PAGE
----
- Systolic ejection murmur with characteristic changes during
- Marked asymmetric left ventricular hypertrophy on echocardiogram.
- Normal or hyperkinetic left ventricular systolic function.
The term “hypertrophic cardiomyopathy (HCM)” can best be defined as a condition characterized by idiopathic or unexplained
myocardial hypertrophy that is associated with small or normal ventricular
cavity size, hyperdynamic ventricular function, and diastolic dysfunction.
The qualifier unexplained is used to suggest that
this condition may coexist with hypertension or aortic valve disease,
although the extent and distribution of hypertrophy are disproportionate
to these associated disorders. Therefore, mild-to-moderate hypertension
and mild or moderate aortic valve disease cannot be implicated in
massive asymmetric hypertrophy with hyperdynamic ventricular function.
(The definition also requires hyperdynamic systolic function, a
feature that is rarely absent even in the late stages of HCM.)
Although the condition has also been called idiopathic hypertrophic subaortic stenosis, which connotes a condition characterized by
myocardial hypertrophy without underlying cause, HCM is a more accurate
term because it describes the major feature of idiopathic hypertrophy,
especially in patients with no evidence of subaortic stenosis or intraventricular
HCM can be classified as nonobstructive or obstructive, based on the presence and the location (midventricle or outflow tract)
of intraventricular obstruction. Other classifications may relate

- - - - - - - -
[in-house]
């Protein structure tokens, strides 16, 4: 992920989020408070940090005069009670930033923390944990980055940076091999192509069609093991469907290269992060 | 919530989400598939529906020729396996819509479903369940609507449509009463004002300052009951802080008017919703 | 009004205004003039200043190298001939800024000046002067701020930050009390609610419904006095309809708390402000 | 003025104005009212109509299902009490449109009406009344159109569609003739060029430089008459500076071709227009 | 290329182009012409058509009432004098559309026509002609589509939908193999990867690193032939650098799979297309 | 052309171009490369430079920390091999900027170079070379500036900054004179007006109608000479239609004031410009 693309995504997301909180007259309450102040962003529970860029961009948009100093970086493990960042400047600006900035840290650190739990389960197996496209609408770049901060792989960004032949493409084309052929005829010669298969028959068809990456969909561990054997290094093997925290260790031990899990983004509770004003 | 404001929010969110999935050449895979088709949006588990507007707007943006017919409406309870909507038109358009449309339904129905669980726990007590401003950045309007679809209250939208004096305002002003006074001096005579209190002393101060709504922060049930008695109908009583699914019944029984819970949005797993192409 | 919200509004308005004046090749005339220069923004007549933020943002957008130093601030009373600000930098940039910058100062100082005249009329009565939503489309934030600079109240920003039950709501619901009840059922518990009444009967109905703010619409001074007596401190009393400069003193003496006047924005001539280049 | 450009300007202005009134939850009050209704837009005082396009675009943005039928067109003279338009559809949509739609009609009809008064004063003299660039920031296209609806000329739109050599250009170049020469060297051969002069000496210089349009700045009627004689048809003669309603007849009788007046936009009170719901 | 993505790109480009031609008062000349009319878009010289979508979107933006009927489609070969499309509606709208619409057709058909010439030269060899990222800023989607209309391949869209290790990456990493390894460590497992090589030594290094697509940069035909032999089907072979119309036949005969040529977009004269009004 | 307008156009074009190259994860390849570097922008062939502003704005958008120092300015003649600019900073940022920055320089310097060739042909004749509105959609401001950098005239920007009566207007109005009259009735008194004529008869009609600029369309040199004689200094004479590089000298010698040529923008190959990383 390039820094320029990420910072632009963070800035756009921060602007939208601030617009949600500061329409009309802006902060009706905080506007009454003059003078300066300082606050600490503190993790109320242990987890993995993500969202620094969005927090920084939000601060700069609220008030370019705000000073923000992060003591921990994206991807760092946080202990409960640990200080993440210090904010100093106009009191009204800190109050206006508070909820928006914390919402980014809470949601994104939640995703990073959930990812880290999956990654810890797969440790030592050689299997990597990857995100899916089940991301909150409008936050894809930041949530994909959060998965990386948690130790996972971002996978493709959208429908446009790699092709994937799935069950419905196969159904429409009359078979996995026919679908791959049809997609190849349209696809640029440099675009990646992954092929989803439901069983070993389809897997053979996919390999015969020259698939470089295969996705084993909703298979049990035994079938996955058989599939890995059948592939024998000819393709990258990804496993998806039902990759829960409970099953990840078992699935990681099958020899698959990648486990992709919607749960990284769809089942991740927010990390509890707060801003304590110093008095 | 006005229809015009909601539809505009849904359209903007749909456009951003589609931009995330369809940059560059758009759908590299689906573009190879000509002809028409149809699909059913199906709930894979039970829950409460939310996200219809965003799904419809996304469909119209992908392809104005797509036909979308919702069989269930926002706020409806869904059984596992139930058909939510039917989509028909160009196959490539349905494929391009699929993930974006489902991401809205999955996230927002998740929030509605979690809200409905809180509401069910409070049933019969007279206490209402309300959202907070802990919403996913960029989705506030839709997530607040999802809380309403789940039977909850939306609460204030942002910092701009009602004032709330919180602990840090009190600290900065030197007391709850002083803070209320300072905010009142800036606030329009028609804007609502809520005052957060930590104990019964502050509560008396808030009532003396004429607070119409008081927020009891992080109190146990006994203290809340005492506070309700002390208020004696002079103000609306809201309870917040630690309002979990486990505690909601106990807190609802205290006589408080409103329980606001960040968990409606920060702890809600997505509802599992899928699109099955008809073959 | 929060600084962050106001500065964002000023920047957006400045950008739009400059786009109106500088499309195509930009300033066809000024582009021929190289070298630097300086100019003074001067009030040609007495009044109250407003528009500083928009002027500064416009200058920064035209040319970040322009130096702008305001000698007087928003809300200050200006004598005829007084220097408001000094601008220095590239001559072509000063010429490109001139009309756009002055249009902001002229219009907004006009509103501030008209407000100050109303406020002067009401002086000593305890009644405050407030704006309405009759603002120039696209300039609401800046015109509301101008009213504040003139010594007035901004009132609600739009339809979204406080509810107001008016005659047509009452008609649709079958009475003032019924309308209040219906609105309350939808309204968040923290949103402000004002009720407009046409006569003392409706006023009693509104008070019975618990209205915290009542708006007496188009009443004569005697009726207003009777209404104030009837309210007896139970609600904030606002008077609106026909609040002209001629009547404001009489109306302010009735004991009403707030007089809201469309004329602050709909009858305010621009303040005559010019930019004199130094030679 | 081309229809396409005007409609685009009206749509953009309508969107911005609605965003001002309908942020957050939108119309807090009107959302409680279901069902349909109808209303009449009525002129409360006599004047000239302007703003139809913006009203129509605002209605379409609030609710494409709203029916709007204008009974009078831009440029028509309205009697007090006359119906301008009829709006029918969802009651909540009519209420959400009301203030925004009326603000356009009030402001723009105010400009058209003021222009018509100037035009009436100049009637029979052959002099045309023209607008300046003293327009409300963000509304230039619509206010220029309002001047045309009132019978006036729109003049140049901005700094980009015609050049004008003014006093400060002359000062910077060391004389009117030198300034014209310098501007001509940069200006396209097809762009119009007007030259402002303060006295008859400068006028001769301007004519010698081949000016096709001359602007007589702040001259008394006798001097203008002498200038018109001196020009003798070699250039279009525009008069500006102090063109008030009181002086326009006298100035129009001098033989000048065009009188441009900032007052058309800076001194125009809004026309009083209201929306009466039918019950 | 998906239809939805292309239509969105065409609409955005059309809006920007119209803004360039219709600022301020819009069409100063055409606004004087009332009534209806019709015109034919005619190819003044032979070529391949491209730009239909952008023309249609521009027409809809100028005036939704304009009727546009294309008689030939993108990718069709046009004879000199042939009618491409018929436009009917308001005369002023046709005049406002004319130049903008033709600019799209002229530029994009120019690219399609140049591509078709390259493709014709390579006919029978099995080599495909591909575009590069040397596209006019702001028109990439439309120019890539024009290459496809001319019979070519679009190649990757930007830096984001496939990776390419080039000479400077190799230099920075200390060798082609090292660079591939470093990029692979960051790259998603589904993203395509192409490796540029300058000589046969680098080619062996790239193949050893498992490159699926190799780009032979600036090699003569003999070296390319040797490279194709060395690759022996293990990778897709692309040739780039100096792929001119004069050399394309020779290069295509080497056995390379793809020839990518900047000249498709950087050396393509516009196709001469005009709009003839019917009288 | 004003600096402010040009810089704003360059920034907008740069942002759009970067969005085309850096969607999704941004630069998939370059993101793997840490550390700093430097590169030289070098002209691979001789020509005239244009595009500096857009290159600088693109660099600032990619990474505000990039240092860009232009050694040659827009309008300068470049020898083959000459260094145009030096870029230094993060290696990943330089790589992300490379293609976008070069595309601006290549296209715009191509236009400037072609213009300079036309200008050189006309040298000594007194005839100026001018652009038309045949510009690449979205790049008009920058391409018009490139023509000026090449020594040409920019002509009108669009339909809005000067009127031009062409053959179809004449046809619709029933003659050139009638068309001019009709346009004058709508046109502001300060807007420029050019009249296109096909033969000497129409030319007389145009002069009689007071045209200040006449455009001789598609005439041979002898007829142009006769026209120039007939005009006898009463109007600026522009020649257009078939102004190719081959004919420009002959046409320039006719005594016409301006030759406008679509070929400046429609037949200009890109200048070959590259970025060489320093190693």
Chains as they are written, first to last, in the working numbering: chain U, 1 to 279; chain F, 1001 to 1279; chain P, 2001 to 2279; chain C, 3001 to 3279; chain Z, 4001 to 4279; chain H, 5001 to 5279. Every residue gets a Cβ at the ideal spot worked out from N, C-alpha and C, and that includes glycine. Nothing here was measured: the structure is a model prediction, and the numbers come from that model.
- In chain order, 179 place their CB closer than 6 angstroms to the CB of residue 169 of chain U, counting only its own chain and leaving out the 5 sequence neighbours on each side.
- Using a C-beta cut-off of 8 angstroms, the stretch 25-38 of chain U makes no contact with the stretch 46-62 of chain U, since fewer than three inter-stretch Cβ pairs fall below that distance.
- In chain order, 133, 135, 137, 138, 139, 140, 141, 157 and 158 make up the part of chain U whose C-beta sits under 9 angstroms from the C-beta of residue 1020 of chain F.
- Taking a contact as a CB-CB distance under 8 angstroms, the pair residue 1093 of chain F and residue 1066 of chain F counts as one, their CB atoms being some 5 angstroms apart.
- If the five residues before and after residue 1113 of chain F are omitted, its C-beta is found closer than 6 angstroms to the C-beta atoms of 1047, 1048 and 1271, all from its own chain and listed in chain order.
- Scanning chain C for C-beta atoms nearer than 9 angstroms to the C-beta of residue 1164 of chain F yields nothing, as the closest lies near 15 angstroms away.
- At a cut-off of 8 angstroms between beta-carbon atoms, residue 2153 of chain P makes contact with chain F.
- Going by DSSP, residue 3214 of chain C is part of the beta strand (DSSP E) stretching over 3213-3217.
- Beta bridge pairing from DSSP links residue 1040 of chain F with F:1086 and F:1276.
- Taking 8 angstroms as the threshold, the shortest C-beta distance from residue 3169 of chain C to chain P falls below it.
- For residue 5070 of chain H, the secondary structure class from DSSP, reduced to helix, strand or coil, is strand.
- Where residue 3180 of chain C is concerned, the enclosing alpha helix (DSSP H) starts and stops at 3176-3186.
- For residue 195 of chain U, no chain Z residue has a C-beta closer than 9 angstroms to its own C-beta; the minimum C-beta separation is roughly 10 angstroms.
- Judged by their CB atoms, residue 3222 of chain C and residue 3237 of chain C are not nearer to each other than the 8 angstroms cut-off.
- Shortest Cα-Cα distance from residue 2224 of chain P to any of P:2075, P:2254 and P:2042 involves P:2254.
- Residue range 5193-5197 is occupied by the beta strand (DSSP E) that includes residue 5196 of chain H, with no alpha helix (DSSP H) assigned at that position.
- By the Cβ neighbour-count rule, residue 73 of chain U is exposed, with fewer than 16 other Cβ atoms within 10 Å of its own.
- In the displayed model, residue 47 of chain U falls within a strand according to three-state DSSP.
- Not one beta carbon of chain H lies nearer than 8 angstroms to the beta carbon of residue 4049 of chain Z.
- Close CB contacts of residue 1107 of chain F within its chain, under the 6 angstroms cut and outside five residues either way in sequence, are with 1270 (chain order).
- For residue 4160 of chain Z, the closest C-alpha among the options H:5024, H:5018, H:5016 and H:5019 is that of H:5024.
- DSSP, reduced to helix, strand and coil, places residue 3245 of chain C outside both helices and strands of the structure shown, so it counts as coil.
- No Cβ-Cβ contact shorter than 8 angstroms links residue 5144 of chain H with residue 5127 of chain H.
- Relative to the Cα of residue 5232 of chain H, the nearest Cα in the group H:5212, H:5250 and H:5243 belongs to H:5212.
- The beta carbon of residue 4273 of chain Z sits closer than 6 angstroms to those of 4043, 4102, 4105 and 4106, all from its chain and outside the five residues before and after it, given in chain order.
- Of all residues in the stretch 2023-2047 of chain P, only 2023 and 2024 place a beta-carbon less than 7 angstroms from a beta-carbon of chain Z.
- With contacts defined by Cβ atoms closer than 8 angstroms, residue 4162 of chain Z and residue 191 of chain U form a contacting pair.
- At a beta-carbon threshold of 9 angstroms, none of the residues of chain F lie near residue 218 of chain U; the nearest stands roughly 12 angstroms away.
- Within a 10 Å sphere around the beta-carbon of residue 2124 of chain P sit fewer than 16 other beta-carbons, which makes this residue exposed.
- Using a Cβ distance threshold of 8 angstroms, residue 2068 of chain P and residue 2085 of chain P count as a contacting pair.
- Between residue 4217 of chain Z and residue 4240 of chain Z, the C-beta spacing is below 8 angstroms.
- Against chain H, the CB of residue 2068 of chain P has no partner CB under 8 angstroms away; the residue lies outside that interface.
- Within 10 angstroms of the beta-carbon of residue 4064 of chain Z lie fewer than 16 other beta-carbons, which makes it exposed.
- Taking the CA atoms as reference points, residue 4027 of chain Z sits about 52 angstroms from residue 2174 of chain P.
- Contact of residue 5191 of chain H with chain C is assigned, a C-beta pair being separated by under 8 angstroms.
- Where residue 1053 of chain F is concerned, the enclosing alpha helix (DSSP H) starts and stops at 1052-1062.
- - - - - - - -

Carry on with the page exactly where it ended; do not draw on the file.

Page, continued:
to the distribution of the hypertrophy: asymmetric septal hypertrophy,
disproportionate upper septal thickening, apical asymmetric hypertrophy,
and the like. Such approaches are generally not fruitful except
when apical hypertrophy is localized.
The underlying cause and pathogenesis of this disease are largely unknown. The asymmetric type of HCM is commonly transmitted genetically,
but sporadic cases are also recognized. An abnormal response of
the myocardium to normal catecholamines has been postulated as a
pathogenetic mechanism. The clinical association between HCM and
pheochromocytoma, neurofibromatosis, and lentiginosis suggests a genetic
disorder of neural crest tissue. More recent studies have linked
familial HCM to the cardiac myosin heavy-chain genes on chromosome
14 in some—but not all—families, indicating genetic
heterogeneity. The presence of different disease genes or mutations
within a given gene may account for differences in the clinical
expression of familial HCM.
The pathologic findings at autopsy are remarkably uniform and include massive and generally asymmetric hypertrophy. Both the atria
and the ventricles are affected, with the left ventricle most commonly
involved. The interventricular septum is generally far more massively hypertrophied
than the free wall, a peculiar asymmetric septal hypertrophy that may
provide the necessary hemodynamic conditions to cause a dynamic outflow
obstruction. In this situation, the condition is referred to as
hypertrophic obstructive cardiomyopathy (HOCM). Localization of
such hypertrophy in the midlateral wall may result in midventricular
obstruction and distribution of the hypertrophy in the right ventricular infundibulum
in subpulmonic stenosis. Asymmetric localization of hypertrophy can
involve virtually any segment of the left ventricle, except for
the posterobasal region.